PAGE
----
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I’m a big believer in the importance of building cultural capital with kids when you coach or teach. If kids believe that you care about them, it is much easier for them to buy in to the things that you ask them to do. Also, getting to know the kids that you work with is really among the most enjoyable aspects of coaching or teaching so it is beneficial on two fronts. Building cultural capital is about letting kids know that you believe in them and that you care about them but it is also about understanding where they are coming from.
This can be a challenge for a white, Ivy League graduate who is trying to coach kids from a largely Hispanic community with a high school graduation rate of 50% but it doesn’t have to be. I watched a documentary last night about a inner-city high school football team and their volunteer coach. The film is called Undefeated and you can stream it on Netflix.
I was moved by the entire movie but I was especially interested in the cultural capital that the coach had built up with each of his players. Even though the coach came from a totally different background from the kids and even though he sometimes said things that some would interpret as insensitive, the kids were bought into the messages that he was sending. To me, the key was authenticity and affection. This particular coach was absolutely authentic, he did not fake any emotions or pay lip service to his kids. He truly believed in the way that football could impact these young men and he was committed to that goal. Any one can buy into a leader with that level of commitment to a set of ideals; even kids that are totally different from the coach. In addition, this coach had a genuine affection for each of his kids that they could not deny. Authenticity and affection are qualities that can go a long way when building cultural capital with young athletes. At MetroLacrosse, we are always trying to build meaningful relationships with our kids and their families and this film is a great example to us. A lot of times it is about understanding cultural differences like why a child might not be making eye contact when he or she is being disciplined or why he might be late to practice because he had to watch his younger sister while his mother worked her second job. Taking the time to get to know the kids and understanding where they are coming from is really crucial and when these factors are combined with and authentic coach who demonstrates a deep affection for his players, much can be accomplished.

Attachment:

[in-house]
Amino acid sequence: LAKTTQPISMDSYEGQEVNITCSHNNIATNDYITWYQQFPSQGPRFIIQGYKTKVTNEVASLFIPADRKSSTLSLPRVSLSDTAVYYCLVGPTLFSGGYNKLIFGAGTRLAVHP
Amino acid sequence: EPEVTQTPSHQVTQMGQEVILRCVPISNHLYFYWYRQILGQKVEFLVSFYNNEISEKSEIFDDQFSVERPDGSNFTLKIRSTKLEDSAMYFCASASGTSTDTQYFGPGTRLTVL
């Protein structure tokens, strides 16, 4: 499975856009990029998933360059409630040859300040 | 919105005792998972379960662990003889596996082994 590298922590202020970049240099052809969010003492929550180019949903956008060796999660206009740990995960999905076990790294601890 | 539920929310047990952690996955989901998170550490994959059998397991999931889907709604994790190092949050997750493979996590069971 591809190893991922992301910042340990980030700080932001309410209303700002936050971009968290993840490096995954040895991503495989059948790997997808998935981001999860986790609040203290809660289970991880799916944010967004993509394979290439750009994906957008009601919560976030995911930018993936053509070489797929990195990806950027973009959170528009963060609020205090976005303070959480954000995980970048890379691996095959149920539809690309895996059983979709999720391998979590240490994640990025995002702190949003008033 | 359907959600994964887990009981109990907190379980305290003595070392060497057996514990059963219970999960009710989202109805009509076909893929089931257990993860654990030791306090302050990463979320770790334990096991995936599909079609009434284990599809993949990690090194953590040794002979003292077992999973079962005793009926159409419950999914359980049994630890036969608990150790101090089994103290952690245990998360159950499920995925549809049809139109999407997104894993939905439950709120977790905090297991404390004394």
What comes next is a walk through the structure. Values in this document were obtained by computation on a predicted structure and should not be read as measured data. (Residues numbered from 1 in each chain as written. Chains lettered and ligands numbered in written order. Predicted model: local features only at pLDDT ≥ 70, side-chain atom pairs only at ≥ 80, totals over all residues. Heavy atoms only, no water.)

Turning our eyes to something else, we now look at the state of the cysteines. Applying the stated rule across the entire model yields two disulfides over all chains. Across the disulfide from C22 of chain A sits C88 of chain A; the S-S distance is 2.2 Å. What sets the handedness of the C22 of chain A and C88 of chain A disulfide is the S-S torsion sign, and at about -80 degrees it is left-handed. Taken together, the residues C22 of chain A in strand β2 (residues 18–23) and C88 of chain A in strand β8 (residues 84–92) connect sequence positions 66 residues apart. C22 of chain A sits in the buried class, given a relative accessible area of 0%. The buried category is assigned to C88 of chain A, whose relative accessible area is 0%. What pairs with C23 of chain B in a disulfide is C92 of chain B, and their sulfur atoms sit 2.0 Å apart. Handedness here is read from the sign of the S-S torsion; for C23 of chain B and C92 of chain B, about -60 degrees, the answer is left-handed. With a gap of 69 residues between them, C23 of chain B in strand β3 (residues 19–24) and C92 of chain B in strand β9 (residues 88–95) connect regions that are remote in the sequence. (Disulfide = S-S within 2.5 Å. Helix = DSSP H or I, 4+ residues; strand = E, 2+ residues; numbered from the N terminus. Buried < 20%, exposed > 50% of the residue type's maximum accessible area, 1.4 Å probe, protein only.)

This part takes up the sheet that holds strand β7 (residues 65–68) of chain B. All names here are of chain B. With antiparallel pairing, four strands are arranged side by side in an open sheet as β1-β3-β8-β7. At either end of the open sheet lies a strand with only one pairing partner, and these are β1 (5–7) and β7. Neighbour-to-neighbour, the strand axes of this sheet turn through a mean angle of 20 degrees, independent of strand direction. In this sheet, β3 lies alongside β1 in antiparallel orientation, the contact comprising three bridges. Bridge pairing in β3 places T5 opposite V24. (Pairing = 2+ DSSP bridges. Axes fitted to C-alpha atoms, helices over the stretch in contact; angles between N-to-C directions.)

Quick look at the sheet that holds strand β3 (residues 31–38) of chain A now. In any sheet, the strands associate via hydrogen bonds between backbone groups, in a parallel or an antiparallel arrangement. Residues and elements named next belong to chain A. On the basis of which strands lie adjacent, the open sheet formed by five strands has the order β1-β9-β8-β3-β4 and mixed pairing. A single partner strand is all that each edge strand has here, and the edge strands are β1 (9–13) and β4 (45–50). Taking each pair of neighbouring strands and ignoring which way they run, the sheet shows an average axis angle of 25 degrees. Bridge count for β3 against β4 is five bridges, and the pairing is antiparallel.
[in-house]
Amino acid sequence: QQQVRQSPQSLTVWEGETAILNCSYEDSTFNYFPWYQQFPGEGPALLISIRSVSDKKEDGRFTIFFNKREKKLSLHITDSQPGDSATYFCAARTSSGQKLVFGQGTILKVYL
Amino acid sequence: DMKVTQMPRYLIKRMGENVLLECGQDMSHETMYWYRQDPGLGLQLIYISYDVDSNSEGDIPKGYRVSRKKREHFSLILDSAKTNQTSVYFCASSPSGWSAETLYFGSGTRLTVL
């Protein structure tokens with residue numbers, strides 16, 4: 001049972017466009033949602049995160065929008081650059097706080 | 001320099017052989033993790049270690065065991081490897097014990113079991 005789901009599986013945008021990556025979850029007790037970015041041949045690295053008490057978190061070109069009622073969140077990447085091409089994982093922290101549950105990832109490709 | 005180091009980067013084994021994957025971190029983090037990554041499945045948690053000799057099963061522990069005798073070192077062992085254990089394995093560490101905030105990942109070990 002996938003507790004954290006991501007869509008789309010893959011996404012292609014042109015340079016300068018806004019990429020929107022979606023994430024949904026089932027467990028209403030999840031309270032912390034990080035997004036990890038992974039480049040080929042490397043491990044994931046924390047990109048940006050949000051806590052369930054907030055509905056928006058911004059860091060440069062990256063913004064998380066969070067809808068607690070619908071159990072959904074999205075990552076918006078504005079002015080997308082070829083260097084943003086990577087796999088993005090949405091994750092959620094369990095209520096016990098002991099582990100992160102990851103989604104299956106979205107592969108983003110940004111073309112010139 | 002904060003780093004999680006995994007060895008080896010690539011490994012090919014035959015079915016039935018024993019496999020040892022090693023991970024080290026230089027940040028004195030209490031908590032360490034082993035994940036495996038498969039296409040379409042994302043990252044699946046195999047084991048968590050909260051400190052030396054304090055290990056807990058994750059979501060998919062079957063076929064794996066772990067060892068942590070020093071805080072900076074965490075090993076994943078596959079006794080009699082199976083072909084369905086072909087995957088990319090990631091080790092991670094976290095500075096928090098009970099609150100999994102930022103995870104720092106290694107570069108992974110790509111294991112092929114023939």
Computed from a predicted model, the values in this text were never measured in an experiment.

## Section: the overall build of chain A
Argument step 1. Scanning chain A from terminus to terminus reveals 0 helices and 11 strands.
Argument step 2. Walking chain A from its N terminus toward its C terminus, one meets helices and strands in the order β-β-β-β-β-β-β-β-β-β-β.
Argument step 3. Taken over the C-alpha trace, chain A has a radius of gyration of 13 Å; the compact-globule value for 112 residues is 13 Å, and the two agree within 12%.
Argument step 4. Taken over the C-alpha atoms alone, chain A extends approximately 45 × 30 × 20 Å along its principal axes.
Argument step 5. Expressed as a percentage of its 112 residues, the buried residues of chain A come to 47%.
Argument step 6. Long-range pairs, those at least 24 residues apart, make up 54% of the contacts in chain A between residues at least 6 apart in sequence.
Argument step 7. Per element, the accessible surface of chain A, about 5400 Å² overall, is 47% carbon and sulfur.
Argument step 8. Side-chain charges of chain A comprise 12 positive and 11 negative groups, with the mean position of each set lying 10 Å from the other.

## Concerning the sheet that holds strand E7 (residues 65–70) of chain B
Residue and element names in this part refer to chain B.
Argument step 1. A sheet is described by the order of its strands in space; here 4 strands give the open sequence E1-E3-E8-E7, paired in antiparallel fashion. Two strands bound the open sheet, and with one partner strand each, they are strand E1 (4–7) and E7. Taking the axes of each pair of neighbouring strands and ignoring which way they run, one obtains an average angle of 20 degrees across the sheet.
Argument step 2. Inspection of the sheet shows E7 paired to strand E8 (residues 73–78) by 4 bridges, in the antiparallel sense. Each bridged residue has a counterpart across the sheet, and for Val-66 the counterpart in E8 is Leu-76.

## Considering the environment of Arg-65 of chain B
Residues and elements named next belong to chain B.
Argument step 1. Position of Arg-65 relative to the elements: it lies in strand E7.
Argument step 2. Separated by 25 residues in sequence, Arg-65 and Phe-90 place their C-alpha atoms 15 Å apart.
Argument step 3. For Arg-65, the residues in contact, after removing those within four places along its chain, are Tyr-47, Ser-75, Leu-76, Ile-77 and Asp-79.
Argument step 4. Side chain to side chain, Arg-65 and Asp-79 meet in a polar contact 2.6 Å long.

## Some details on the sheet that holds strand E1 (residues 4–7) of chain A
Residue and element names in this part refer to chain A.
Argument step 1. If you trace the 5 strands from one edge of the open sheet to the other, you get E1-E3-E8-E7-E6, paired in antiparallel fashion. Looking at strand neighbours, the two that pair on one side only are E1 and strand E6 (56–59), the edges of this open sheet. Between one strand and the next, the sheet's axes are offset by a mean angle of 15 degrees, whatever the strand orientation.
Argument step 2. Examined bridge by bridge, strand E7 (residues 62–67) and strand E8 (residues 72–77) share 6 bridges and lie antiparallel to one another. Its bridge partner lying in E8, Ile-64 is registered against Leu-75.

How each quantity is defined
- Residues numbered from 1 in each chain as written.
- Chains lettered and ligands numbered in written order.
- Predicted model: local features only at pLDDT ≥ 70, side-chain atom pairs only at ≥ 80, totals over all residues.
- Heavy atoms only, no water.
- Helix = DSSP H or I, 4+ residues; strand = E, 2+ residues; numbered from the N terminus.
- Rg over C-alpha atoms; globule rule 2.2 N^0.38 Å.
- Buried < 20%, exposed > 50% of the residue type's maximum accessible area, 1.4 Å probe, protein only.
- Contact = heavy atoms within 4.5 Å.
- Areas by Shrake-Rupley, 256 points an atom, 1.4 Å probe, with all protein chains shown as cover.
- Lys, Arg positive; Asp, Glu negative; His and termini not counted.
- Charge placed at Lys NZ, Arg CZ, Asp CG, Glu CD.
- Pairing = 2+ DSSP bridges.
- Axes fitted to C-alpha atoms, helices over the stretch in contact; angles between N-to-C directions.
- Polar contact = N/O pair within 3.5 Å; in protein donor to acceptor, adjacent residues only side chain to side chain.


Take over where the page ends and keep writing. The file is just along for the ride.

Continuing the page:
What are your thoughts about cultural capital and coaching?